by Damian Fleming

reviewed by Aron Kells

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This story begins immediately with a clear image of what's going on and runs with it, from the bridge to the runabout, thanks to the shared knowledge of Trek reader and author bring to the table. To the writer I give mad props for combining the normal Trek "magic technology" (aka technobabble) with real science (sound waves won't travel in space, but maybe the nebular gases are substantial enough to serve as a propagating medium). There's a lovely build-up of tension to finding the freighter that plays with the closed-in response the reader will likely have to the image of the nebular fog. Finally, zombie Bolians were not what I expected, so great job making me jump in the end!

I'd recommend a slower pace, especially toward the end of this story, to allow the horrifying imagery really do its job instead of relying upon simple surprise. Where does this story really end? Whose story was it, in the end?

All in all, "Hollow Scream" was an unexpectedly dark story that results from a beginning in the bright Trek universe, and that's a lovely clash. Well done!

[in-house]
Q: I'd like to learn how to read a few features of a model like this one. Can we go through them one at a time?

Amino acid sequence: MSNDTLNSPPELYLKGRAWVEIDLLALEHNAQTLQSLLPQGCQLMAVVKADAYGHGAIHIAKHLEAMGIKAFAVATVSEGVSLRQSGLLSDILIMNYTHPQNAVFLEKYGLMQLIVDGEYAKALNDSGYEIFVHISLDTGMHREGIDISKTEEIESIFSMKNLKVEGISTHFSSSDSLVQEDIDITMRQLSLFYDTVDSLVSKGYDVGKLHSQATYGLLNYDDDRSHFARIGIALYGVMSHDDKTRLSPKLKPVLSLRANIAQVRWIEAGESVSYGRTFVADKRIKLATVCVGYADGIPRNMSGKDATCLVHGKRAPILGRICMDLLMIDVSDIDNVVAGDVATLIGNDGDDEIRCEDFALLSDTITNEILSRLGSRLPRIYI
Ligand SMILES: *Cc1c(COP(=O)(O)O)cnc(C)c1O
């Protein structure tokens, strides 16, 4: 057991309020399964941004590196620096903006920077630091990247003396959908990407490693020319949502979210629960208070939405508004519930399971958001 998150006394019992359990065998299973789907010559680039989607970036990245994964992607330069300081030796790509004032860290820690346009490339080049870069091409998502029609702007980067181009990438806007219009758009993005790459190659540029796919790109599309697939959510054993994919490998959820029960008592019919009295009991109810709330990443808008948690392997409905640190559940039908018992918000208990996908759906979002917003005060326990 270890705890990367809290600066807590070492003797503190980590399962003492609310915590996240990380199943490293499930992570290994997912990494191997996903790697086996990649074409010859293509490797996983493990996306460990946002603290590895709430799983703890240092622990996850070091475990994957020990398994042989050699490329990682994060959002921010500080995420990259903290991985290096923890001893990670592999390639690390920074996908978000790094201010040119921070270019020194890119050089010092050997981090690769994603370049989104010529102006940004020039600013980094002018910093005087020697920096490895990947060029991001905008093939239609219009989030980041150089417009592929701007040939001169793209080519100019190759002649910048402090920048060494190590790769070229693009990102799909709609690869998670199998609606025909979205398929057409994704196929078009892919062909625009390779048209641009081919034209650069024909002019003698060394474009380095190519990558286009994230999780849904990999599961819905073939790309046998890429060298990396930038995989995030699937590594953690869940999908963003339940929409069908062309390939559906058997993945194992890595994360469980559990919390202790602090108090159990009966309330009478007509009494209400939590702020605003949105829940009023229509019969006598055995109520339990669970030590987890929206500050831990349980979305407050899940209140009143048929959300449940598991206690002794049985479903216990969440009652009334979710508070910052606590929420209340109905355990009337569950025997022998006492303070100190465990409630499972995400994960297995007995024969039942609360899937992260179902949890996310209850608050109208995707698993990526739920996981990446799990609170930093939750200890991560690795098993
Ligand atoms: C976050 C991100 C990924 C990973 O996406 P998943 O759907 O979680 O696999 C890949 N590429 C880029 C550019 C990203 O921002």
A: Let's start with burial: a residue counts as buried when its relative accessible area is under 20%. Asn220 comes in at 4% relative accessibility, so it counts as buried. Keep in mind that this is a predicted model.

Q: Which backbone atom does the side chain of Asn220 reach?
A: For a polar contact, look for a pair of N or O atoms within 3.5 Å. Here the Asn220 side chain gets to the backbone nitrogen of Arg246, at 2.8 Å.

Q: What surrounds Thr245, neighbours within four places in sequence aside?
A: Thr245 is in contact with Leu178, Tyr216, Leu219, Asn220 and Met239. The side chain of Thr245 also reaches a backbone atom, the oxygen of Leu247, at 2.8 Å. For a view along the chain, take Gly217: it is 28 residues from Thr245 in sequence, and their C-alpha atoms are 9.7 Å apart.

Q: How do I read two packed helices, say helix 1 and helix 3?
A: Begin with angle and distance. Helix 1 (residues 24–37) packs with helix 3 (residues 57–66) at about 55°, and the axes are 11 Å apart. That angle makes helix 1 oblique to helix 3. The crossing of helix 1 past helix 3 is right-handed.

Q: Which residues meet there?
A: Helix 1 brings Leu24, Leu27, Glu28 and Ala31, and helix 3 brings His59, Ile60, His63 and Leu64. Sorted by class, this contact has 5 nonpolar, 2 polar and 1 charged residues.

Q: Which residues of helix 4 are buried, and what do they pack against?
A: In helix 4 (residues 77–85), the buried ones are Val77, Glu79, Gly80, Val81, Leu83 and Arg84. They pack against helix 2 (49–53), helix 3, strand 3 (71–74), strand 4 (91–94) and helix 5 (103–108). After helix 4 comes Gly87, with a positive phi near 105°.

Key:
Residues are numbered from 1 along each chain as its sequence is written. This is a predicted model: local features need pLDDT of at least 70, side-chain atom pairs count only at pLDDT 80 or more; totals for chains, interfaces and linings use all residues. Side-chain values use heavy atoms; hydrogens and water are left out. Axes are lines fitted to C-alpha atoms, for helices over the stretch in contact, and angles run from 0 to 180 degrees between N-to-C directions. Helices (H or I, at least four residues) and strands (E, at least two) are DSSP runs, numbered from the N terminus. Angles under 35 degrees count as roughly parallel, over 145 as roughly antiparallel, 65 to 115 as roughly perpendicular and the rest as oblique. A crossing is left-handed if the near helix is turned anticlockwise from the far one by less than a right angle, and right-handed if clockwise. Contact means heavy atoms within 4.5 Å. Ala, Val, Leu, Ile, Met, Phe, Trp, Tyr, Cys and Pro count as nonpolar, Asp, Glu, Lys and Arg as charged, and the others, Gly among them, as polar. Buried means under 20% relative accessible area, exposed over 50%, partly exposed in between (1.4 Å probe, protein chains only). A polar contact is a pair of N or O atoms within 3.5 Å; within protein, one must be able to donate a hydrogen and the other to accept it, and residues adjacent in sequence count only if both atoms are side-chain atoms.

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"The Tempest"

by Alleran Tan

reviewed by Aron Kells

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This made me laugh straight off, and with so many dark and heavy responses to this challenge, that approach was an unexpected but welcome turn. I was more impressed, though, by the idea of the universe's worst Klingon in hell, and this story would have rated highly simply for that idea. But what makes this a poignant story is that it doesn't just rely on that first disjoint of Vaala in Grethor to make its points. It's deeper than that: It's a story about faith. Is what happened to Vaala real, or isn't it? And by "real," does the reader want to believe in the truth of sensation or the truth of the character?

This story could benefit from some redrafts to tighten it up, as it feels slightly rushed, especially toward the end. Let it breathe and take its time in the telling and it'll be a masterpiece. Regardless, "The Tempest" was a very strong showing with the Trek background, the strong characters, and the thoughtful examination of big ideas combining to make it into the strong story it is.

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"Lost Feelings of Sand and Rain"

by Danica Valyn

reviewed by Velana

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Evoking a place with only words is notoriously difficult, but you absolutely nailed a beach in Florida after a summer storm; I felt like I was back home. I also loved the emotion between these two characters which you showed us through their actions as well as their dialogue. Understanding that this was just a moment in time in their long relationship, I still feel like I wanted more meat to the conversation, more conflict. What drove these two people apart in the first place? You left me wanting more, always a good thing. As it is, though, it's a beautiful scene full of nostalgia, love and maybe even a touch of regret.